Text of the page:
Saturday, 14 March 2015

A French Connection at Statfold Barn...

Hi all. Today was another training day at Statfold Barn Railway: the delightful 2ft/2ft 6" gauge private line, over at Tamworth. I arrived at 7am after the traditional McDonalds stop. I don't know what the McDonalds staff must think when they see the traditional railway overalls; probably that I'm on my way to some kind of dawn has broken fancy dress party. Once on the SBR site I met up with other crews before we were briefed for the day. There have been even more developments at Statfold since our last run in October, and therefore we had to be trained. One locomotive was in steam: the wonderful Corpet Pannier Tank. This 1884-built 0-6-0 is a true railway relic, with origins in Paris. Having worked in a Spanish gold mine of all places (the Minas de Aller) the engine was restored at Statfold following import. It is the only one of its type in the country. It later transpired that I would be crewing the Corpet with Statfold Employee Will. The job today would involve just simply running trains: "we can do that!". The Corpet would be doing turn and turn about with the 2ft 6" gauge Hudswell diesel "Badger": an unbelievably loud contraption of a thing. By about 9:30am, the first train was ready to leave and so I made up the fire on the Corpet...
The elderly Pannier has no dampers and so you have to be on the ball with the fire on this one to prevent constant blowing off. The Brown valve geared engine steamed out of Station Jnc station easily with a 4-coach train. After a very pleasant run we returned to Statfold to hand over the stock to "Badger". The noisy internal combustion thingy then took the stock for a trip before we took over again. This time, I was driving. The Corpet is unusual in that the regulator is outside the front cab sheet, meaning that you have to reach around. It does have a very pleasant screw reverser though which sets the gear up perfectly. Pulling away, you can notch her up and just keep a breath on. Don't be fooled by her elderly appearance: she is a very strong engine! Once clear of the station mouth and around the first corner you can open her up and, without argument, she's away. Coasting is done in full forward but running along at about 35% with the regulator just open she'll do the job with ease. When you hit a bank, the bark turns into a roar: its a hell of a thing and she's steams brilliantly. For our third & final trip, I was firing again and Will put the Corpet through its paces to provide a brilliant performance. Its a lovely old machine that. I don't think she's the prettiest of engines but certainly the design is strong, easy to oil up and reliable. Myself and Will, naturally, had a good laugh pretending to be Driver Le Boosh and Fireman Le Beech. The typical French accents were rife on the footplate! The Corpet?..."ce magnifique"!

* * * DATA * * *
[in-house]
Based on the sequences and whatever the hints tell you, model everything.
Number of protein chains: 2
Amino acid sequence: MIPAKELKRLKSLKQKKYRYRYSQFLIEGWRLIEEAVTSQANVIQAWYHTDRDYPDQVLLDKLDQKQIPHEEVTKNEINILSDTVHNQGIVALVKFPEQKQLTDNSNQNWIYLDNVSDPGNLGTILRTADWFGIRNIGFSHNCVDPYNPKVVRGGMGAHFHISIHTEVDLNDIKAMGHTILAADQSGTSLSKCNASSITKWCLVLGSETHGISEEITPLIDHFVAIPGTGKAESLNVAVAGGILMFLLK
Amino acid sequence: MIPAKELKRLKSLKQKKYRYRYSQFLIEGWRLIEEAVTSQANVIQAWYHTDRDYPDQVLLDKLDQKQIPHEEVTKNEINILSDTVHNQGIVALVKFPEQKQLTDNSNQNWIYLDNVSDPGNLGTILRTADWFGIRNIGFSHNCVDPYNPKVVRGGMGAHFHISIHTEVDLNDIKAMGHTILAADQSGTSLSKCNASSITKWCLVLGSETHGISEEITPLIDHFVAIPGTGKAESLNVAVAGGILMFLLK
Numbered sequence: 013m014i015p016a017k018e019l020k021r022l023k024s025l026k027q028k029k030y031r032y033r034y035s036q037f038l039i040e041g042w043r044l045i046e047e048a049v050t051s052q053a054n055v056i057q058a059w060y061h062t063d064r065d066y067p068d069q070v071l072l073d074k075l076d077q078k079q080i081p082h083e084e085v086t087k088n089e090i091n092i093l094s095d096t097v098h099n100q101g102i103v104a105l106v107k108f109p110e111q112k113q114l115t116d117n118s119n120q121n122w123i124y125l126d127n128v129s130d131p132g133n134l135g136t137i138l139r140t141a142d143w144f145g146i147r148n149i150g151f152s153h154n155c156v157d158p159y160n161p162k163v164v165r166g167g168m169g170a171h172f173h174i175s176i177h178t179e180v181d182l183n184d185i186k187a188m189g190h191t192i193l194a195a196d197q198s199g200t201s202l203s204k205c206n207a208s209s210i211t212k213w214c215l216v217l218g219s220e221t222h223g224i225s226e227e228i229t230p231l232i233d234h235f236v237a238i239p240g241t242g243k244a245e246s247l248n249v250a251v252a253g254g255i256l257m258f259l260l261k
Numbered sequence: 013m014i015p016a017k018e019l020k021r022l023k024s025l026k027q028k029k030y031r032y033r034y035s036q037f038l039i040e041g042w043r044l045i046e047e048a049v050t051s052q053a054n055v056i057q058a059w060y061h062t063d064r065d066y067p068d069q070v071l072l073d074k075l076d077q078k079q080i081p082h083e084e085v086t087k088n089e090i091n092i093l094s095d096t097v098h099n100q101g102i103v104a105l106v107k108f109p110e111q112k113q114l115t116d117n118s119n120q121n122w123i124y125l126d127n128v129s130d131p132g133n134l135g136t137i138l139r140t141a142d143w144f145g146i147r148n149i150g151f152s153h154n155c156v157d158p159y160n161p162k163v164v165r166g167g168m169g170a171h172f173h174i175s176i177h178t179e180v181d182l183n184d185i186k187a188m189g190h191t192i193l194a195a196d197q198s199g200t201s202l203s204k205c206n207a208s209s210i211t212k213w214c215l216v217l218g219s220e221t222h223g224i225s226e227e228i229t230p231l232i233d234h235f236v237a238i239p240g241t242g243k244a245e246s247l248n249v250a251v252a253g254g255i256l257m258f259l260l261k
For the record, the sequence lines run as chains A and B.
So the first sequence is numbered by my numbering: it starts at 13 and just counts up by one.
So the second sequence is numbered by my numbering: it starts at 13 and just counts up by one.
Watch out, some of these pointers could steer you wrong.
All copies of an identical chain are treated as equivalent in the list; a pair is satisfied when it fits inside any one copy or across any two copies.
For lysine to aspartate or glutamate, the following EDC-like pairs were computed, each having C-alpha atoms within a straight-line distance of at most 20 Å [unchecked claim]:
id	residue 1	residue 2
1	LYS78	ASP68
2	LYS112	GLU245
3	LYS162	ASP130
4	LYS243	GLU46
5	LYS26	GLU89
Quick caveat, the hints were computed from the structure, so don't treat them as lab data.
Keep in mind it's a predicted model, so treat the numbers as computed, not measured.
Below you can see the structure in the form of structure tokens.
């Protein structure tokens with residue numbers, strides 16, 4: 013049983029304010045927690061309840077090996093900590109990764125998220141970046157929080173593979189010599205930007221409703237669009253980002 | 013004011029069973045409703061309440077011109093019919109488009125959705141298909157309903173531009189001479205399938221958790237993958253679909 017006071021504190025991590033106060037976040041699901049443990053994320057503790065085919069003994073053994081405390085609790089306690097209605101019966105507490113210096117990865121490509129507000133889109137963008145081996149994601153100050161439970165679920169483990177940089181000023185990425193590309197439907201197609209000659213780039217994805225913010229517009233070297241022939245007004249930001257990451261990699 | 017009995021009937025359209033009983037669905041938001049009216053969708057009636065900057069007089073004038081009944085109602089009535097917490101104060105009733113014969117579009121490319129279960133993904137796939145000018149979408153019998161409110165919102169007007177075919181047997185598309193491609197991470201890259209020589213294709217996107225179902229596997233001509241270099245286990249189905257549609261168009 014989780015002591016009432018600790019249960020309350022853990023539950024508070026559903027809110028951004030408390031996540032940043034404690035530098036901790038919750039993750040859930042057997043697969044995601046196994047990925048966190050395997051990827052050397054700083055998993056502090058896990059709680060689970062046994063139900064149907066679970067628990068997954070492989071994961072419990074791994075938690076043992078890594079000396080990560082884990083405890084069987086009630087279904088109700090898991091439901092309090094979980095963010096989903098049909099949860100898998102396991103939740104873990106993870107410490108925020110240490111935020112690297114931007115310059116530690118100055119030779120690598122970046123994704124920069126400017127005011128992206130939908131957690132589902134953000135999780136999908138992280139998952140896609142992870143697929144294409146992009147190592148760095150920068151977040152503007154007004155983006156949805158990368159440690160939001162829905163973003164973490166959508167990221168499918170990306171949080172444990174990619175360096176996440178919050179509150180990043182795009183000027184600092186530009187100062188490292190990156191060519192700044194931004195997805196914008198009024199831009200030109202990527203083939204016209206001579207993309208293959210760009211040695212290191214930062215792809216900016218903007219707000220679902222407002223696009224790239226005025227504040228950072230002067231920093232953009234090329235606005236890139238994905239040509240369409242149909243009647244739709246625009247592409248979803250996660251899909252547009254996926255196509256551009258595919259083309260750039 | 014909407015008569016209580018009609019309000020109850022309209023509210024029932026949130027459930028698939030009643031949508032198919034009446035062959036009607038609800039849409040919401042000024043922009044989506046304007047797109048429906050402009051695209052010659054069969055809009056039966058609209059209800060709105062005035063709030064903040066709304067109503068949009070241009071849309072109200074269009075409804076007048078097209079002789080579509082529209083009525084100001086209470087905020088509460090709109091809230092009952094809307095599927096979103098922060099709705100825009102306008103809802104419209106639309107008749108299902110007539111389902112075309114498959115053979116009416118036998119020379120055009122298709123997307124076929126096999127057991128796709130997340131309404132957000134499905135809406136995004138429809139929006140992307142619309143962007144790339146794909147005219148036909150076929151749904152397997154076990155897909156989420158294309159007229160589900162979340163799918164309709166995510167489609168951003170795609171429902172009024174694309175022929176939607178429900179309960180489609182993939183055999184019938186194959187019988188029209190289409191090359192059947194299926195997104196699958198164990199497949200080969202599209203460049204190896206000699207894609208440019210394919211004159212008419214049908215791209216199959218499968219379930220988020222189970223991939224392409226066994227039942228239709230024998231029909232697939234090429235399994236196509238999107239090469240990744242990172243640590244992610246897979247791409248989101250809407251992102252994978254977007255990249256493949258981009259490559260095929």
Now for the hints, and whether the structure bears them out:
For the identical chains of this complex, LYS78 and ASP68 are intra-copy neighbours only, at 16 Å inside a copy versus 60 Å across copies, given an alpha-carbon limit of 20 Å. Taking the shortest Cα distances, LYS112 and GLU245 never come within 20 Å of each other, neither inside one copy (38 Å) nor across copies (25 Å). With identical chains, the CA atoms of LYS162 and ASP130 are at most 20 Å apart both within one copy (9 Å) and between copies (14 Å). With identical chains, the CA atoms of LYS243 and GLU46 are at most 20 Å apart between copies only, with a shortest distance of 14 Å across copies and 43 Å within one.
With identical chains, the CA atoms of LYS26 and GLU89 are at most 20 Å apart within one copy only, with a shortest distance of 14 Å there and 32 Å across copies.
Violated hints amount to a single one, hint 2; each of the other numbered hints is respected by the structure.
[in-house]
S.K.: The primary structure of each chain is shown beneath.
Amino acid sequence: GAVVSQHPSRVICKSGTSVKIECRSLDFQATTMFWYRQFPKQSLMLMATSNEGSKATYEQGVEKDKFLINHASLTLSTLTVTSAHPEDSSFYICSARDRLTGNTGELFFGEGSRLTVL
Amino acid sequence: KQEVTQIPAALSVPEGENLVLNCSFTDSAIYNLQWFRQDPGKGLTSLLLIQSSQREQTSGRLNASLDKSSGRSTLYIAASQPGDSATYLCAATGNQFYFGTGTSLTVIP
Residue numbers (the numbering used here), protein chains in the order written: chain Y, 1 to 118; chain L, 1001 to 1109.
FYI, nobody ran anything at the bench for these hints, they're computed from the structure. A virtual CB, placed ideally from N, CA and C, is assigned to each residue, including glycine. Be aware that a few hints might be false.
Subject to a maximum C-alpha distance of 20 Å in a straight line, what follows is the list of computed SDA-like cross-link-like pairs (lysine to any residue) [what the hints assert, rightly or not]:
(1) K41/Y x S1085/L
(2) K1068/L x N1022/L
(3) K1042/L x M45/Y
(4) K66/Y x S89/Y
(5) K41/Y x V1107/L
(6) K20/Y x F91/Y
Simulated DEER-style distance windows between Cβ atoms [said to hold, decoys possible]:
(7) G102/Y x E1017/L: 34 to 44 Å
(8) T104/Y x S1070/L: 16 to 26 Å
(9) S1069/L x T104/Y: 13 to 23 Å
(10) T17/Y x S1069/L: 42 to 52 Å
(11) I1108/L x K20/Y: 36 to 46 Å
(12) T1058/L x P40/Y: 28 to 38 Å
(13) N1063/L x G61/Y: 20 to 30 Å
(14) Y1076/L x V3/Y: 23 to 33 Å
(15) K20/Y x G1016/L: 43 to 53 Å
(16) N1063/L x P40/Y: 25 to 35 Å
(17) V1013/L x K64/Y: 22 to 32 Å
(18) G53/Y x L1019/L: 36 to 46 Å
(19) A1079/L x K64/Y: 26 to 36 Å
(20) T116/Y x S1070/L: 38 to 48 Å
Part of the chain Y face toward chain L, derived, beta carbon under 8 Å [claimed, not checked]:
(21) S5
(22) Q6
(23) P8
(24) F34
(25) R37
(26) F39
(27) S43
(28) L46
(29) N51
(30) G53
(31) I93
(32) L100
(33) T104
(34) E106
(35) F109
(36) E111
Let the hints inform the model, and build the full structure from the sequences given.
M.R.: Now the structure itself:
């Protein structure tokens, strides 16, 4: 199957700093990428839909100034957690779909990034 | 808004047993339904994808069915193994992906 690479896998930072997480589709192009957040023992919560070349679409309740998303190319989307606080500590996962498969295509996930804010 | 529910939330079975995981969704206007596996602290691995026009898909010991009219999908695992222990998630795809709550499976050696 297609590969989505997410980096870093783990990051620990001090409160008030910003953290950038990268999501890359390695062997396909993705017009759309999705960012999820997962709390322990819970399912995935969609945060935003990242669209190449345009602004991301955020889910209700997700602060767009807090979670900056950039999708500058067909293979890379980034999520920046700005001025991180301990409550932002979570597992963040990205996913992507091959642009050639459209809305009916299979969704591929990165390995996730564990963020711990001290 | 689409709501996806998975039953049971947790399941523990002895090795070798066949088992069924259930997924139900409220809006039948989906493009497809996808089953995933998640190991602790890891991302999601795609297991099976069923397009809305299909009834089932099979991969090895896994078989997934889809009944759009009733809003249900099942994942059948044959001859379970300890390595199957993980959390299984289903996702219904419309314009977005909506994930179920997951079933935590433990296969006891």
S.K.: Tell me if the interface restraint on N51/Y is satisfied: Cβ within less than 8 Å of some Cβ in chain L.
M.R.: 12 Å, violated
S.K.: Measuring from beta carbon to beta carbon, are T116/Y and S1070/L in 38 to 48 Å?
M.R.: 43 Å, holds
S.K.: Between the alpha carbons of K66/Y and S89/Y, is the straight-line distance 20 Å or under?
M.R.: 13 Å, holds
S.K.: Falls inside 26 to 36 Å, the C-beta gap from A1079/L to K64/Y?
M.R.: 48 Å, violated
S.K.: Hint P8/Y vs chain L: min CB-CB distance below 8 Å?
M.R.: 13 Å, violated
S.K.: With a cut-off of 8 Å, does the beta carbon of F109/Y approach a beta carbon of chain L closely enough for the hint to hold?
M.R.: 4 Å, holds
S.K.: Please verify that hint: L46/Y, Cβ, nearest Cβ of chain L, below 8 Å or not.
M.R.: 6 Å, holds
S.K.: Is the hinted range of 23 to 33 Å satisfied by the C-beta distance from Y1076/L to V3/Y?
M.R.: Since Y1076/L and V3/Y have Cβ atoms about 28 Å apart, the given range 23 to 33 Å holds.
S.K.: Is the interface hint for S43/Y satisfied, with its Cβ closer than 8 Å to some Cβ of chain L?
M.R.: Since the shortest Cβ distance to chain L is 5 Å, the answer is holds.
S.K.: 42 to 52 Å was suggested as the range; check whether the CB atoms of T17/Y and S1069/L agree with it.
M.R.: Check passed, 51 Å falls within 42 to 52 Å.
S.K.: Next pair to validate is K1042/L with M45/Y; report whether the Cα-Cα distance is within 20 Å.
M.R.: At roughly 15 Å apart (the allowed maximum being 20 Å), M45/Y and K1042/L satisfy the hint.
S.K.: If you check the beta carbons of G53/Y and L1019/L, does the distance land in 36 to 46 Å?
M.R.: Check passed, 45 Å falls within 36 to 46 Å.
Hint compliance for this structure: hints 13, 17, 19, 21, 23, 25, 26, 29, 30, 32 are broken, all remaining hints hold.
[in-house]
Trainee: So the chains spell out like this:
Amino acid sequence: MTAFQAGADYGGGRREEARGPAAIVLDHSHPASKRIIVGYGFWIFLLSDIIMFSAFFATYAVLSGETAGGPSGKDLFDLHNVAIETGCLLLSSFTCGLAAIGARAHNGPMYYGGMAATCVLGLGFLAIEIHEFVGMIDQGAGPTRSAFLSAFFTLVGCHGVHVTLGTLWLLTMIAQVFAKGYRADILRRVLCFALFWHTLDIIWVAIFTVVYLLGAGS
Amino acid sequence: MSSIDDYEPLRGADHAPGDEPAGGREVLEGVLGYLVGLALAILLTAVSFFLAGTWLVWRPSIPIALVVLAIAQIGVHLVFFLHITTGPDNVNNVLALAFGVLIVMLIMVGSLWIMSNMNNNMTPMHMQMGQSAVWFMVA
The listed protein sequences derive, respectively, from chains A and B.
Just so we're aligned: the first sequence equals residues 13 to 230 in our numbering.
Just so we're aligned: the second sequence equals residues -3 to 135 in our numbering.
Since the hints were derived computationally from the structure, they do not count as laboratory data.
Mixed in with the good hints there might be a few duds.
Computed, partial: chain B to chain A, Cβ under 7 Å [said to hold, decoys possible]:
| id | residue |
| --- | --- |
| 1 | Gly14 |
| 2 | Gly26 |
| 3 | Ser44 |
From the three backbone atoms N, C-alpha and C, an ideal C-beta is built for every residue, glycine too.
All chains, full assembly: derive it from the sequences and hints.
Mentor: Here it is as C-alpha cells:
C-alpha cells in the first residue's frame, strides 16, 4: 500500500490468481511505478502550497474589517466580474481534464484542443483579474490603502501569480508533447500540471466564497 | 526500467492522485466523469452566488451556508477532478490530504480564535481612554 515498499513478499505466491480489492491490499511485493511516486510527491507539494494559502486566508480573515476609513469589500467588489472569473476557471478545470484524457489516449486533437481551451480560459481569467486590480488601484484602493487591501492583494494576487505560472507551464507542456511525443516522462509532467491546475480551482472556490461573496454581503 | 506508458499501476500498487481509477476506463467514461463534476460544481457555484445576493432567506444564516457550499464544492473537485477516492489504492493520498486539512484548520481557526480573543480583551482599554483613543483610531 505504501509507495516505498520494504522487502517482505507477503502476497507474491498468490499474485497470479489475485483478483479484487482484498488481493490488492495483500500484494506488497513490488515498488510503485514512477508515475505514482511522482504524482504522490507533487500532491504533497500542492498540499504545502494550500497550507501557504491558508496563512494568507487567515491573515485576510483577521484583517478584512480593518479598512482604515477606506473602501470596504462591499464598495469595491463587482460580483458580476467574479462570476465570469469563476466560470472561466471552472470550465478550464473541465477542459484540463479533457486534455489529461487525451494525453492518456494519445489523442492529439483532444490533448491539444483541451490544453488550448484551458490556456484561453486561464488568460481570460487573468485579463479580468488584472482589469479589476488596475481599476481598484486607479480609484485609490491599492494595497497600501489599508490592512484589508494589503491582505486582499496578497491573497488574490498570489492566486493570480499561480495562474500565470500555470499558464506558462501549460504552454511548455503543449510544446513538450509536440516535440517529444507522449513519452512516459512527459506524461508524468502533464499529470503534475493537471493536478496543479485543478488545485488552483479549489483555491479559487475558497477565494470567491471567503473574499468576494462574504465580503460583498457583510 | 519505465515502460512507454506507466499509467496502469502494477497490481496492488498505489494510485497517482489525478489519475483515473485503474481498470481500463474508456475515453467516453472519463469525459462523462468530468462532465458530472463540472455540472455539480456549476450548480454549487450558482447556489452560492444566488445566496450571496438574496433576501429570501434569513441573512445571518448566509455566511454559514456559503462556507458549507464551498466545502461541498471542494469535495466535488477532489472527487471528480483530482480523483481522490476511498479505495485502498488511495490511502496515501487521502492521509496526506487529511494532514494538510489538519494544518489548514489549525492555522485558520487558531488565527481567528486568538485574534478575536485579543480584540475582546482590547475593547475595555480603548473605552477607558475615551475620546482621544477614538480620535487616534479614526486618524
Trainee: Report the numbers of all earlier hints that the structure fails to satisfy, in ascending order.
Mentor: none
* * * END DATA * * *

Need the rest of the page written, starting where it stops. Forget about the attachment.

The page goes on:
After a very enjoyable morning & early afternoon at Statfold I had completed my training and am now ready for the March 28th private Open Day. I left the SBR at about 2:30pm and joined the A444 for home. However, as is often the way, knowledge of other local goings on moved my route ever so slightly. Destination?: Shackerstone. I thought I'd nip in to drop a few leaflets for MTEW off to a few lads in the Museum, and to have a cuppa' with Jason, who was doing the FTR on the recently arrived 4141...
4141 is our gala visitor and, weighing in at over 70 tons, is quite a tank engine. These 41XX type Large Prairies were both powerful and quick and I think we're all looking forward to seeing what it can do. It'll have to go some way to beat 5542 though. All the best guys, Sam...

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